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Oh, Sim,” she went on pleadingly, “ be good to me. I'm sick, I'm sick of life, and you don't show you care for me a little bit. Do you love me, Sim ?”
“Heavens!” he cried, “ you would ask the question fifty times a-day if you had the opportunity.”
“ It would need a hundred times a-day to keep up with your changing moods. Do you love me, Sim ? " She was smiling with the most pathetic appeal in her face.
* You look beautiful in that gown, Kate," said he irrelevantly, not looking at it at all but out at the window where showed the gabbarts tossing in the bay and the sides of the hill of Dunchuach all splashed with gold and crimson leafage.
“Never mind my gown, Sim,” said she, stamping her foot and pulling at the buttons of his coat. “Once-oh, Sim, do you love me? Tell me, tell me, tell me! Whether you do or not, say it, you used to be such a splendid liar."
" It was no lie,” said he curtly; then to himself, “Oh, Lord, give me patience with this! and I have brought it on myself."
“It was no lie. Oh, Sim!” . (And still she was turning wary eyes upon the door that led to her husband's retirement.) “ It was no lie; you're left neither love nor courtesy. Oh, never mind! say you love me, Sim, whether it's true or not : that's what it's come to with me.”
“Of course I do," said he. “Of course what ?”
“Of course I love you.” He smiled, but at heart he grimaced.
" I don't believe you,” said she, from custom waiting his protestation. But the Duke's Chamberlain was in no mood for protestations. He looked at her high temples made bald by the twisted papilottes, and wondered how he could have thought that bold shoulder beautiful.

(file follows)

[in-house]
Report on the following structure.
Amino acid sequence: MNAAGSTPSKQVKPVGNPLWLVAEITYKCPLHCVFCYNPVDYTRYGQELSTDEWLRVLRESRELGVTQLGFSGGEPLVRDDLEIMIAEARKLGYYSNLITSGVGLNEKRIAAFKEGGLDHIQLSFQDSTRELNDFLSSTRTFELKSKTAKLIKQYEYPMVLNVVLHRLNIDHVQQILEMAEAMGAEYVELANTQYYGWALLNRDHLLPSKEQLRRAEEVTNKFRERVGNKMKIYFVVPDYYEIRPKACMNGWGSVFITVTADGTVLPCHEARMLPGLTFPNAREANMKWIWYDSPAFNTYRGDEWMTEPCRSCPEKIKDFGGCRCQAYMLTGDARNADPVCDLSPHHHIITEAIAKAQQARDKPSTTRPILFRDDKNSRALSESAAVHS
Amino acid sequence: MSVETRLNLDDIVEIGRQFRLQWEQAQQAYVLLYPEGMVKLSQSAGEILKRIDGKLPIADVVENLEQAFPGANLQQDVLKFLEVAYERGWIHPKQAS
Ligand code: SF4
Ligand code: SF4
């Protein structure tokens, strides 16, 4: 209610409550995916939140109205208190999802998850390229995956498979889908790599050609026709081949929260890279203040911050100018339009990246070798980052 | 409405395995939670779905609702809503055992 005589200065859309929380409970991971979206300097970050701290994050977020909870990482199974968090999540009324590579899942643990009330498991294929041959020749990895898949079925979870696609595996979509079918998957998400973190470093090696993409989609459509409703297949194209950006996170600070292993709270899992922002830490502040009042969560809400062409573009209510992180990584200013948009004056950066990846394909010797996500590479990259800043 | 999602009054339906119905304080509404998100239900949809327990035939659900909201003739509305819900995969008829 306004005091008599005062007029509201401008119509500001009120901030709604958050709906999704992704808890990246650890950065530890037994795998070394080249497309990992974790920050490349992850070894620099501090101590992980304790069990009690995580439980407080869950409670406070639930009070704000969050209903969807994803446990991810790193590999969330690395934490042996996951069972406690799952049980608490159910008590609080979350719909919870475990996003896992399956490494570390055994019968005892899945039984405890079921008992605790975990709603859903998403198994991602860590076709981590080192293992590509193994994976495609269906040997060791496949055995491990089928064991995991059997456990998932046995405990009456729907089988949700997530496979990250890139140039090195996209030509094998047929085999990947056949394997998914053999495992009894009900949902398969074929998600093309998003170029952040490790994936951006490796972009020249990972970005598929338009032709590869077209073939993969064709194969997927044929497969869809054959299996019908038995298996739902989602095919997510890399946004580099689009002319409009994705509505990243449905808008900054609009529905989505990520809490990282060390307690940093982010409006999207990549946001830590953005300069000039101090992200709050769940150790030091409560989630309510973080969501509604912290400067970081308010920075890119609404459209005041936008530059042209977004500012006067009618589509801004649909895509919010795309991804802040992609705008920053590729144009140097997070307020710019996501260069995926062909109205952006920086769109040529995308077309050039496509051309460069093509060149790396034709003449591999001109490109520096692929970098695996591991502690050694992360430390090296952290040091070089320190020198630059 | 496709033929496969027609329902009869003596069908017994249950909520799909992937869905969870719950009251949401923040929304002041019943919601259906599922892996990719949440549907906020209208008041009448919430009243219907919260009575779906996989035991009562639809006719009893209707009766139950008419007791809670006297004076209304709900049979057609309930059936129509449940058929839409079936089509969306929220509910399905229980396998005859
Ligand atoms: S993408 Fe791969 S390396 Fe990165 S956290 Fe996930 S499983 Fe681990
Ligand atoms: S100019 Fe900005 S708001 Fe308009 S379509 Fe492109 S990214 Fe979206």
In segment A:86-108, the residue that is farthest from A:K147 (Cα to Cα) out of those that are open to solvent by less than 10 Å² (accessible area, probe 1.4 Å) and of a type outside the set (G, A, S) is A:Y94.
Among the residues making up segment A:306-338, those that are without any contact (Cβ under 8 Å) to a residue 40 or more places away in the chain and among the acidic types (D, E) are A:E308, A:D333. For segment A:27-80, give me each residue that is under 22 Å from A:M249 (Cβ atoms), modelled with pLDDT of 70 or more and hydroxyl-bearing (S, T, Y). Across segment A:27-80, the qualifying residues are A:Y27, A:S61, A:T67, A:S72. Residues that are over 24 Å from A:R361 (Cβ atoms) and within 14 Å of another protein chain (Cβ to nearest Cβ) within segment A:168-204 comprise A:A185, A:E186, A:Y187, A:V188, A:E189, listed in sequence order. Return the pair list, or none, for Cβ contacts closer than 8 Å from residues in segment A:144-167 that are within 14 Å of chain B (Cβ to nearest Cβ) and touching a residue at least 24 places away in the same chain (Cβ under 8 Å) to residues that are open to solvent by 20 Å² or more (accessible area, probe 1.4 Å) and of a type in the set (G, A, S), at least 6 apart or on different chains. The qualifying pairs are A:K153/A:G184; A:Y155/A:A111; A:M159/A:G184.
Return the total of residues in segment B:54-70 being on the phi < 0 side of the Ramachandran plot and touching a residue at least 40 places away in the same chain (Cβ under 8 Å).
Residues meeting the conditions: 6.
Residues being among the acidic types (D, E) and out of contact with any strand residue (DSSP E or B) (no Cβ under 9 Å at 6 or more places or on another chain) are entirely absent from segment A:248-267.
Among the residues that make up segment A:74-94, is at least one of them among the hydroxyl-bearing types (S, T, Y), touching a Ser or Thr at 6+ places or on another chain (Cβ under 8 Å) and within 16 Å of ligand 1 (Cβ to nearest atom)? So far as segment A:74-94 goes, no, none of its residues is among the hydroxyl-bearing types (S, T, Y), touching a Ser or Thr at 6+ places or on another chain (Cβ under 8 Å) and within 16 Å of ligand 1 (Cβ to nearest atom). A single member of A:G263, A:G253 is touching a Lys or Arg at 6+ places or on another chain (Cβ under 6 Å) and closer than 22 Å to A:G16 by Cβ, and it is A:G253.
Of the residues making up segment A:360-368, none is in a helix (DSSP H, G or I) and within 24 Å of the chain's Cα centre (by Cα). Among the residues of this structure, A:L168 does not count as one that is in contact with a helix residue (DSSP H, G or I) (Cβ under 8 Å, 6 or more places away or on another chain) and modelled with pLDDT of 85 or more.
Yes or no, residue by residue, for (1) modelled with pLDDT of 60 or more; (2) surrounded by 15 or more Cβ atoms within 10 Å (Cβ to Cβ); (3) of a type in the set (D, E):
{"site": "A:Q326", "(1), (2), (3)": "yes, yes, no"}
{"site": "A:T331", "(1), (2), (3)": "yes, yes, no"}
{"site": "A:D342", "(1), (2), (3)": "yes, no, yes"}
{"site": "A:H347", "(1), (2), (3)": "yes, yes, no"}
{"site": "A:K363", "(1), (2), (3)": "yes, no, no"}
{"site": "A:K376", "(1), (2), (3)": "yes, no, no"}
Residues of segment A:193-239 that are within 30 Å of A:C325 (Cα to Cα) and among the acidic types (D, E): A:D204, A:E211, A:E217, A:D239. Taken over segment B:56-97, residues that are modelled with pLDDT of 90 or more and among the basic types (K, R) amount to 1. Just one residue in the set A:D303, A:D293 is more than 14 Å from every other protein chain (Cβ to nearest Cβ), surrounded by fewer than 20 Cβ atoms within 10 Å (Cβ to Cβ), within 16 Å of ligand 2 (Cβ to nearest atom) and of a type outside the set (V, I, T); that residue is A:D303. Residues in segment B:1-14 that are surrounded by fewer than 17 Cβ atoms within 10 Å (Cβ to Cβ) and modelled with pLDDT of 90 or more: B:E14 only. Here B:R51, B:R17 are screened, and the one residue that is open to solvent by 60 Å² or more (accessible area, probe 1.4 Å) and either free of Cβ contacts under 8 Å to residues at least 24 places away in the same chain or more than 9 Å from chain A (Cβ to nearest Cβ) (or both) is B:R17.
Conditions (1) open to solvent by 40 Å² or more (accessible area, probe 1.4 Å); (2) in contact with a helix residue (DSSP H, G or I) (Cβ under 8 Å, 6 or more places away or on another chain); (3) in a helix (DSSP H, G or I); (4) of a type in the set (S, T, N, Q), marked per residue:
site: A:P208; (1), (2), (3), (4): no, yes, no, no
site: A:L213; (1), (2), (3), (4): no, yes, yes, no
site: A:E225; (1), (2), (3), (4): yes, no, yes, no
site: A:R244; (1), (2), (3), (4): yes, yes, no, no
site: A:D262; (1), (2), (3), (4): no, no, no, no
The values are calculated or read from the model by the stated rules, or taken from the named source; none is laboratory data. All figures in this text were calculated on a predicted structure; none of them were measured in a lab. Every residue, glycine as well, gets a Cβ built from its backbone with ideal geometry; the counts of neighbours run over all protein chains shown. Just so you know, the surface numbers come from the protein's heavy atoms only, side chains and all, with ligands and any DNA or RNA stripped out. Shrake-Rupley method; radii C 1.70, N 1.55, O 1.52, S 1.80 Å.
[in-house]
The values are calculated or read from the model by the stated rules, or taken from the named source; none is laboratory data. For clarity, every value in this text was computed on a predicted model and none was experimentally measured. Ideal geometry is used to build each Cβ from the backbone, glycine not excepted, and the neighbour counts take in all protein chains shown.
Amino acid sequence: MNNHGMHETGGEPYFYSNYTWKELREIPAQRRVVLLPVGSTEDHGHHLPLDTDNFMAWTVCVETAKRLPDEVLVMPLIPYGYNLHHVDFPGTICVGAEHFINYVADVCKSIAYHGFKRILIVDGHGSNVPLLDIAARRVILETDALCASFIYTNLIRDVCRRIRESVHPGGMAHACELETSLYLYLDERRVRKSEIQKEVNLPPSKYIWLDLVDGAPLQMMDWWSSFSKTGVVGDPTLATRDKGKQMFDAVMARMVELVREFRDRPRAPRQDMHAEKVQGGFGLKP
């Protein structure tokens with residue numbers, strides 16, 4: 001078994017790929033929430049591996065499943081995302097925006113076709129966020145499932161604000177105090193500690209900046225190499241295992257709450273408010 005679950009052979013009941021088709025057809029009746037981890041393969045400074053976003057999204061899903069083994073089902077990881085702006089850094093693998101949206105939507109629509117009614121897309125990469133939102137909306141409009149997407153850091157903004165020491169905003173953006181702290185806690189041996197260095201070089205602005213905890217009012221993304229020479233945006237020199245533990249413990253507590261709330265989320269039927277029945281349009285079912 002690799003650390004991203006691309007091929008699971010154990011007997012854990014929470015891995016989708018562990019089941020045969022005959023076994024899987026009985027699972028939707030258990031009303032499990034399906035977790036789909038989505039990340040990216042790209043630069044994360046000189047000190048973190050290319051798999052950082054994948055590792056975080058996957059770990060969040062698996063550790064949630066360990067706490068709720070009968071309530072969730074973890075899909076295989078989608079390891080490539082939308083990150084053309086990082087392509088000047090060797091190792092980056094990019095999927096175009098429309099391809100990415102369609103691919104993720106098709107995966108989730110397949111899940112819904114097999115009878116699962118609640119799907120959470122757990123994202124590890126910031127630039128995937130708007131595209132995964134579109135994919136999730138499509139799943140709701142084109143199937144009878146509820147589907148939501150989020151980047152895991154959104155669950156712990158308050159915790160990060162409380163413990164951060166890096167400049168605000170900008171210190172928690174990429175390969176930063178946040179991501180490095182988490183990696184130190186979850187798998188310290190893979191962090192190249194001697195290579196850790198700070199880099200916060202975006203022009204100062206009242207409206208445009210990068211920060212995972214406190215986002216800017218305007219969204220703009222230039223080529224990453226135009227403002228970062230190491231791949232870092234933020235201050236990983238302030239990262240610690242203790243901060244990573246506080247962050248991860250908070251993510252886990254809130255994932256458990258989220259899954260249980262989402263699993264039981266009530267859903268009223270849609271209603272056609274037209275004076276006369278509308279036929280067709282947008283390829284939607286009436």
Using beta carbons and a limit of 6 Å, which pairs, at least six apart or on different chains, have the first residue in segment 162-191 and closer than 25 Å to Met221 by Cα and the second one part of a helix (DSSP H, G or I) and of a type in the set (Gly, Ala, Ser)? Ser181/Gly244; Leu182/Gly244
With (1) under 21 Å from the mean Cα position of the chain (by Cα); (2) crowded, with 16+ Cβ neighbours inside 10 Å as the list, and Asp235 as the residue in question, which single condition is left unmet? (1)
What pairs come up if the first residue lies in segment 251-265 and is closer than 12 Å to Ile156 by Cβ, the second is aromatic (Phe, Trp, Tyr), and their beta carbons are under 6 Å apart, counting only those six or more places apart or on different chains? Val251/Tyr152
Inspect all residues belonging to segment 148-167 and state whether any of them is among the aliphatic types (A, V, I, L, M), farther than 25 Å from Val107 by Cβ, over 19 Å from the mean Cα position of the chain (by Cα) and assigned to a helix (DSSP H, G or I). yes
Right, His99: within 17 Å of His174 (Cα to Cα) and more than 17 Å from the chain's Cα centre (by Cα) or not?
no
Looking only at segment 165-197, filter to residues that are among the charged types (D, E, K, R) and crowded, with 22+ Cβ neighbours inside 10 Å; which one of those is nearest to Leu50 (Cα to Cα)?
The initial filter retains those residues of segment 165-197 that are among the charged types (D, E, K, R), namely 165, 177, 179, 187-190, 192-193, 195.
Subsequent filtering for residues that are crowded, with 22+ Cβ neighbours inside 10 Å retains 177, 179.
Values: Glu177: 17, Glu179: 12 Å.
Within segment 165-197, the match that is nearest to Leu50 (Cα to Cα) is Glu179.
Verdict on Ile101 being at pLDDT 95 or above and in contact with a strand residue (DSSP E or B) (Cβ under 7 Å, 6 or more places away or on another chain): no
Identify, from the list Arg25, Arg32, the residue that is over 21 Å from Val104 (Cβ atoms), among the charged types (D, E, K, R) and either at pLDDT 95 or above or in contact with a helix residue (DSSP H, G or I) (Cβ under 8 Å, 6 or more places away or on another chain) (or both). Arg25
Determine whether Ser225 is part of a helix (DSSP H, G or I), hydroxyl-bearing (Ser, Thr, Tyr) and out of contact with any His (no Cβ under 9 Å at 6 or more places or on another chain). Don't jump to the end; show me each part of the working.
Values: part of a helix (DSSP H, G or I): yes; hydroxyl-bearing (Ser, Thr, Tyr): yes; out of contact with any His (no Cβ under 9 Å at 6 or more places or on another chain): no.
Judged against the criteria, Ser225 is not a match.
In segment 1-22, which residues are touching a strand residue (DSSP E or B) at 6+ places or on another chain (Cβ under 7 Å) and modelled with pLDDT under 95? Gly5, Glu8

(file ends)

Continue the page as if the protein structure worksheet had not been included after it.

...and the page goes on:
“I'm in a great hurry, Kate,” said he. “I am
sorry to go, but there's my horse at the ring to prove the hurry I'm in!”
"I know, I know; you're always in a hurry now with me: it wasn't always so. Do you hear the brute?" Her husband's squeaky voice querulously shouting on a servant came to them from behind.
The servant immediately after came to the door with an intimation that Mr Petullo desired to know where the spirit-bottle was.
“He knows very well,” said Mrs Petullo. “Here is the key-no, I'll take it to him myself.”
“It's not the drink he wants, but me, the pig,” said she as the servant withdrew. “Kiss me good afternoon, Sim.".
“I wish to God it was good-bye!” thought he as he smacked her vulgarly, like a clown at a country fair.
She drew her hand across her mouth, and her eyes flashed indignation.
“There's something between us, Simon," said she in an altered tone; "it used not to be like that."
“ Indeed it did not,” he thought bitterly, and not for the first time he missed something in her-some spirit of simplicity, freshness, flower - bloom, and purity that he had sought for, seen in many women, and found elusive, as the frost finds the bloom of flowers he would begem.
Her husband shrieked again, and with mute gestures they parted.
The Chamberlain threw himself upon his horse as 'twere a mortal enemy, dug rowel-deep in the shuddering flesh, and the hoof-beats thundered on the causey - stones. The beast whinnied in its pain, reared, and backed to the breast wall of the bay. He lashed it wildly over the eyes with his whip, and they galloped up the roadway. A storm of fury possessed him; he saw nothing, heard nothing.
Count Victor came through the woods from Strongara singularly disturbed by the inexplicable sense of familiarity which rose from his meeting with the horseman. It was a dry day and genial, yet with hints of rain on the horizon and white caps to the waves, betokening perhaps a storm not far distant. Children were in the wood of Dunderave-ruddy shy children, gathering nuts and blackberries, with merriment haunting the landscape as it were in a picture by Watteau or a tale of the classics, where such figures happily move for ever and for ever in the right golden glamour. Little elves they seemed to Count Victor as he came upon them over an eminence, and saw them for the first time through the trees under tall oaks and pines, among whose pillars they moved as if in fairy cloisters, the sea behind them shining with a vivid and singing blue.